New task force to tackle water pollution


Rubbish found on the banks of Sungai Tebrau.

A TASK force has been set up by the Johor government to coordinate efforts from various departments to reduce water pollution.

State tourism, environment, heritage and culture committee chairman K. Raven Kumar said the River Pollution Enforcement and Monitoring Task Force was set up last month, following his visit to Sungai Tebrau.

“Johor Baru’s Sungai Tebrau and Sungai Skudai are among the most polluted in Malaysia,” he said during the launch of the Clean Johor@Sungai Tebrau programme.

He noted that the amount of rubbish collected by the state Drainage and Irrigation Department from Sungai Tebrau and Sungai Skudai came up to more than 500 tonnes a year.

“The cost to fish out the rubbish stands at about RM650,000.

Onn Hafiz (right) and Raven fishing out rubbish from Sungai Tebrau. — Photos: THOMAS YONG/The StarOnn Hafiz (right) and Raven fishing out rubbish from Sungai Tebrau. — Photos: THOMAS YONG/The Star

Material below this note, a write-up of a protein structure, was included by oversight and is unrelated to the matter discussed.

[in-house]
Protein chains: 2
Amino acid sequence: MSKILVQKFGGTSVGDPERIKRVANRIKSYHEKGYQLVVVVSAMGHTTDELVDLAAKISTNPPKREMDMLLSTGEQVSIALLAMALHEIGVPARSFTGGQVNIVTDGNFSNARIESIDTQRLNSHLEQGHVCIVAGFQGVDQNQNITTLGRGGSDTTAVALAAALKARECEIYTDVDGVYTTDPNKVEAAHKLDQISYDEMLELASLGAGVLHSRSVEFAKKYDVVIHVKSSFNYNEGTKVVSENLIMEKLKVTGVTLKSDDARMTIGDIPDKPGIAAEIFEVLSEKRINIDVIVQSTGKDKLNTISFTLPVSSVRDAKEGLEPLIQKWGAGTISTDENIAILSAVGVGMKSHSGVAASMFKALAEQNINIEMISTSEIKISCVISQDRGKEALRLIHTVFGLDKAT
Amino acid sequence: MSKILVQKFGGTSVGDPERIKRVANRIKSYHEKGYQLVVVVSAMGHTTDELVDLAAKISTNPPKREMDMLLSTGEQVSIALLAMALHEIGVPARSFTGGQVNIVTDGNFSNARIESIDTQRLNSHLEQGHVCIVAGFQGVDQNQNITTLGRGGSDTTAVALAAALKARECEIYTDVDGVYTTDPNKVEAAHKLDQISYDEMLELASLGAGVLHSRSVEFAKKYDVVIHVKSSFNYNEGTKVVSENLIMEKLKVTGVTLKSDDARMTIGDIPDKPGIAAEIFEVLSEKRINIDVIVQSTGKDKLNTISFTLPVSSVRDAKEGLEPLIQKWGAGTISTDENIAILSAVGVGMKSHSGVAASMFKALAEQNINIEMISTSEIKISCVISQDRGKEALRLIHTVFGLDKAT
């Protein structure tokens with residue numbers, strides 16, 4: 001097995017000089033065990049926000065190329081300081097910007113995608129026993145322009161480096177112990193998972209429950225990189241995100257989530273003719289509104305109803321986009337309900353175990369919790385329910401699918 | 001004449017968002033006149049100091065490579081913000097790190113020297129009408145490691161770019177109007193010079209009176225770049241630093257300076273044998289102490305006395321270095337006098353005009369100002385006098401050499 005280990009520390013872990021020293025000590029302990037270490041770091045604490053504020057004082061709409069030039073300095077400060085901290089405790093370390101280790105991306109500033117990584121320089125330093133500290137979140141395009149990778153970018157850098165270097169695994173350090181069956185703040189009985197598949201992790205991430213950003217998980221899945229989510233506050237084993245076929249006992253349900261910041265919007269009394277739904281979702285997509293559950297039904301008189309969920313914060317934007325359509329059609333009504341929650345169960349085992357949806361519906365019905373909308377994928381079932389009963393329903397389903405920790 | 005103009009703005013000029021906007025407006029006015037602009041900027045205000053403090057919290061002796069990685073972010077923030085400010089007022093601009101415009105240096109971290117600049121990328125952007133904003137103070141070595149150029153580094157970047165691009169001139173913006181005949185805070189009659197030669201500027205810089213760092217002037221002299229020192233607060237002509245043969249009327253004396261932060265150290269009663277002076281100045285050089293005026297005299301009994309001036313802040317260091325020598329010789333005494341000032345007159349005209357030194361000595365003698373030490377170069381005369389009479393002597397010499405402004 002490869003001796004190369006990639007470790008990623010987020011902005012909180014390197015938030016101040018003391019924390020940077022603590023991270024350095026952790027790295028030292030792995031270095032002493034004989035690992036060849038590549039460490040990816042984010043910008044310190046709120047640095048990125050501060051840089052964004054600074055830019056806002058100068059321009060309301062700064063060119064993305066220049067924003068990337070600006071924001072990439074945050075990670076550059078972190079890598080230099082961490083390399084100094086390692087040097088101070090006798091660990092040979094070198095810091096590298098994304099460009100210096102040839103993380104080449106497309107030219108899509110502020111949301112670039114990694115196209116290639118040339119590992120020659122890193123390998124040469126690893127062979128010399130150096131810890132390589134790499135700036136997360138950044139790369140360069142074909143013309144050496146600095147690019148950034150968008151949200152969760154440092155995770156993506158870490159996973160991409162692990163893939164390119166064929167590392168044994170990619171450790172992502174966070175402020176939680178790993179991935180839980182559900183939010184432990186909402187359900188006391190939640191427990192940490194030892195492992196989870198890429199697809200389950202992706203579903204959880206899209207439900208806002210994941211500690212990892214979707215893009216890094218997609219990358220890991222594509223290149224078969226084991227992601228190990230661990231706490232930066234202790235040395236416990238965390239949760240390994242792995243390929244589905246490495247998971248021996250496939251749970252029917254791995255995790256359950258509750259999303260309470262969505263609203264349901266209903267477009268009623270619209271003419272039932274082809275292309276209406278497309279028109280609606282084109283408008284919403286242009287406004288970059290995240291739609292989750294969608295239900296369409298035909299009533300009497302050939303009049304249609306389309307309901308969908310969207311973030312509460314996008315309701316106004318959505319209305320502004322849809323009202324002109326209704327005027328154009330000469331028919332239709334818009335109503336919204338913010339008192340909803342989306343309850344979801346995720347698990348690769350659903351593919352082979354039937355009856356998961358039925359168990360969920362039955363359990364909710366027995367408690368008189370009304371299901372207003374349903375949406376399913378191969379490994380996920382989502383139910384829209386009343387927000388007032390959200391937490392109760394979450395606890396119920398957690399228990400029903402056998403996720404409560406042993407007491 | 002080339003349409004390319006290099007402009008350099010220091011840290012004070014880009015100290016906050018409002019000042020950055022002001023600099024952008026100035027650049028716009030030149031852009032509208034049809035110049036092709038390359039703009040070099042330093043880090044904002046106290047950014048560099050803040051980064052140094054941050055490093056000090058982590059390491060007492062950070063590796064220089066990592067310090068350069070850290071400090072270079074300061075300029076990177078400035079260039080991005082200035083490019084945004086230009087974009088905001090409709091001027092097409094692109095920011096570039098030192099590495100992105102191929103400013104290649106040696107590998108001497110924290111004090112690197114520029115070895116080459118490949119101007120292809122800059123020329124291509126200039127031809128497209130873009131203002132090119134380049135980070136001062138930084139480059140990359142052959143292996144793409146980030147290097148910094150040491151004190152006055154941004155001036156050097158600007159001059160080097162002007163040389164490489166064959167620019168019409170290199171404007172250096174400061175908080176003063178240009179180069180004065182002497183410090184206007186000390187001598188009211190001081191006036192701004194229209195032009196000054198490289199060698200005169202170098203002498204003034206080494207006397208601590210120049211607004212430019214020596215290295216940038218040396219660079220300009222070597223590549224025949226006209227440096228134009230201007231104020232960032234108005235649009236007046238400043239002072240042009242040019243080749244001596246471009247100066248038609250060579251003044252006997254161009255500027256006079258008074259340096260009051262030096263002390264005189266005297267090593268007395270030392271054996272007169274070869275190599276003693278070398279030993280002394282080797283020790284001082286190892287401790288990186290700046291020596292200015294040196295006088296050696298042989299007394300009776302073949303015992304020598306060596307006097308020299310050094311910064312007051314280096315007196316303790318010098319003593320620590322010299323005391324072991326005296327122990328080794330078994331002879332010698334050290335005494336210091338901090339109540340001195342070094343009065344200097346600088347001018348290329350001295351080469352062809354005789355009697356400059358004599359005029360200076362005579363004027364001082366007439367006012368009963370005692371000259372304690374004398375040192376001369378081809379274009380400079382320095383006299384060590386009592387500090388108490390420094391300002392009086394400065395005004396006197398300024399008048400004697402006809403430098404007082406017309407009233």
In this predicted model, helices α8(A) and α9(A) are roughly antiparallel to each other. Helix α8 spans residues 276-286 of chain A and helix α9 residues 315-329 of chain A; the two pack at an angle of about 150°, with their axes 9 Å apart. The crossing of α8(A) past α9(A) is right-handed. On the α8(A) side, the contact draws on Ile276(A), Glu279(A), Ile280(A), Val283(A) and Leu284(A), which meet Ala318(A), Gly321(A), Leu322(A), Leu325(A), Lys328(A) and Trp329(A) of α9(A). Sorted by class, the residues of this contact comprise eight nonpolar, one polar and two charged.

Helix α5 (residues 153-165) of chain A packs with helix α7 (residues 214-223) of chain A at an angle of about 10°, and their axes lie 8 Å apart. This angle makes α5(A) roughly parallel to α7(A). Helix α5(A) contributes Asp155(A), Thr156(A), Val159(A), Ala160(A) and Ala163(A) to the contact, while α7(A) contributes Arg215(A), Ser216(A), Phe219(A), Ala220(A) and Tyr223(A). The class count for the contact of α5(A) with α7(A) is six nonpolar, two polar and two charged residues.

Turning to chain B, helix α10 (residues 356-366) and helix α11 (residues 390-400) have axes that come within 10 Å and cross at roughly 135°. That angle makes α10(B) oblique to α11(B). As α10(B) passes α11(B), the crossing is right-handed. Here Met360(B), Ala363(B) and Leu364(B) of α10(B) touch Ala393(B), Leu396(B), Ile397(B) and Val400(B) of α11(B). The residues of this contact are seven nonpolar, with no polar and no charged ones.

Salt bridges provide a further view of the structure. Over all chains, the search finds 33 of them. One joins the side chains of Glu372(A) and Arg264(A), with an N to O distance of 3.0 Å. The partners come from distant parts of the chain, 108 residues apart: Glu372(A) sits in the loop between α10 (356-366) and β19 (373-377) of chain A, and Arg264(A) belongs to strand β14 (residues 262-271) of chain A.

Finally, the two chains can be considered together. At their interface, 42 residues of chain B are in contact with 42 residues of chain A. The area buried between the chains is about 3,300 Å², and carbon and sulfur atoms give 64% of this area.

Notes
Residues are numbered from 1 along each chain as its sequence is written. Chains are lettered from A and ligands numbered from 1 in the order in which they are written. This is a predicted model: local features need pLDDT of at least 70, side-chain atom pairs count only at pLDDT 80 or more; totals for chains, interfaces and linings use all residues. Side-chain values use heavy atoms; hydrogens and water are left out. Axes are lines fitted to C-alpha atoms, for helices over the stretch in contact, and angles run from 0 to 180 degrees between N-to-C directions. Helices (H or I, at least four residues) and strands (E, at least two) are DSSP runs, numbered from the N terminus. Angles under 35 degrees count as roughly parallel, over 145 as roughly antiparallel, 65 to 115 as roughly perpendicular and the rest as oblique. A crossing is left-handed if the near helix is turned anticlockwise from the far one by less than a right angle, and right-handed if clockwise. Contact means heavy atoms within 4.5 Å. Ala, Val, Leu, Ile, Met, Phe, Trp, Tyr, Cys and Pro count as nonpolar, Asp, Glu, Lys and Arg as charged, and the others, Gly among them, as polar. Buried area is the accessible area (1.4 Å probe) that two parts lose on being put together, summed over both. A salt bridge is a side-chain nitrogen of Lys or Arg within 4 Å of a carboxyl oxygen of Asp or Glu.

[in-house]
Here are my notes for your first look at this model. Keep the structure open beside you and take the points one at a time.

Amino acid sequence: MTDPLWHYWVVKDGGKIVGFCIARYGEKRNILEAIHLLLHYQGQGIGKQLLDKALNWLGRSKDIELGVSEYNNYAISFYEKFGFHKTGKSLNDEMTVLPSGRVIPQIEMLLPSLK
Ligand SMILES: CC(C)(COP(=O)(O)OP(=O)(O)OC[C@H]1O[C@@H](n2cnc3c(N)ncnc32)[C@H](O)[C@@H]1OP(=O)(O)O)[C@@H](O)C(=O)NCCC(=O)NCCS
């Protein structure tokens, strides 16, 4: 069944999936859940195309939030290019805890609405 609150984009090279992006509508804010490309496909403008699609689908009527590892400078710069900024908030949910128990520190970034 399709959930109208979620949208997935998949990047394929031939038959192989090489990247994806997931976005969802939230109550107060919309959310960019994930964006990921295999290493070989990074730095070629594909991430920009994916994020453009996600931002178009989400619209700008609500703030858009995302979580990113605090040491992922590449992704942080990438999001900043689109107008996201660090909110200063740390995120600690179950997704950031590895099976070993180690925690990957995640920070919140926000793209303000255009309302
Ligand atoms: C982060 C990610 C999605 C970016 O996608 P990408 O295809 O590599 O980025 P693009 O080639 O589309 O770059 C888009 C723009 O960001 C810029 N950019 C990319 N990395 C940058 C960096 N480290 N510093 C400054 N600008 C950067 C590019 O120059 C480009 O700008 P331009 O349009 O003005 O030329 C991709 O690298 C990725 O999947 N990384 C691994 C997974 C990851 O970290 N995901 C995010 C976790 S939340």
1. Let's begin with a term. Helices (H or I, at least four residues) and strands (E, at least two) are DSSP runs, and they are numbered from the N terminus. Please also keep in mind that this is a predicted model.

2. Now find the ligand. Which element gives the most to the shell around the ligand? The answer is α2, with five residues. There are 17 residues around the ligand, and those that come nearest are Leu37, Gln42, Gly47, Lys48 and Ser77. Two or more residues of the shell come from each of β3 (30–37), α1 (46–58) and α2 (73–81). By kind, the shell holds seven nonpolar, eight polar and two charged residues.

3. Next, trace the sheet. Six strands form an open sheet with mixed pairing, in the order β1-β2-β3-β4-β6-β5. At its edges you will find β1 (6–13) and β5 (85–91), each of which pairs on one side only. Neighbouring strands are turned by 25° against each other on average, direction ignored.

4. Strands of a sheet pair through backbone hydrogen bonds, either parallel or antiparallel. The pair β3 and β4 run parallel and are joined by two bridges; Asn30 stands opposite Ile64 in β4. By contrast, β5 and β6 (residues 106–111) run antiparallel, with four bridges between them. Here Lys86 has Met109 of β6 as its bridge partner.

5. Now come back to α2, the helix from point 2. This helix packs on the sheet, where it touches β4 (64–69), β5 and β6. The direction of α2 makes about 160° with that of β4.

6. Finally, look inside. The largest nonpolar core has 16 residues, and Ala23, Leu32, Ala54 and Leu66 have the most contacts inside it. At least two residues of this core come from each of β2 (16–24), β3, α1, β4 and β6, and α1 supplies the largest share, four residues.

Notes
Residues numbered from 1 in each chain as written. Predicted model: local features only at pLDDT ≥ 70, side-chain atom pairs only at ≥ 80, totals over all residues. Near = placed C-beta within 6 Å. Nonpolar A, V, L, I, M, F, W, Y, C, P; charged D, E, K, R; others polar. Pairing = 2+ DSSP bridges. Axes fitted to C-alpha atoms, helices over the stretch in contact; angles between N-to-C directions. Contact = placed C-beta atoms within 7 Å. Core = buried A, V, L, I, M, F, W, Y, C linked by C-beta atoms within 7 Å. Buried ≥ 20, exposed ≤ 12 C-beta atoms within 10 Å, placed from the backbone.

“Meanwhile, Johor Baru City Council collects 900 tonnes of rubbish from Sungai Tebrau yearly,” he pointed out.

Raven said the task force would carry out studies to find the best way to deal with rubbish in rivers statewide as well as coordinate enforcement and monitoring efforts.

Also present at the Clean Johor@Sungai Tebrau programme was Johor Mentri Besar Datuk Onn Hafiz Ghazi, who said the state was out to fulfil its “100 days Clean Johor” initiative that was launched simultaneously in all districts.

“We will clean up every town, road, district and river.

“This task does not fall just on the shoulders of the state agencies, but on every Johorean,” added Onn Hafiz.

Sungai Tebrau, which used to be clean and rich with marine life, was categorised as the 53rd dirtiest river in the world in 2021 by non-governmental organisation (NGO) Ocean Cleanup.

Meanwhile, Sungai Skudai has often been in the news for various complaints of pollution from residents living nearby aside from environmental NGOs.

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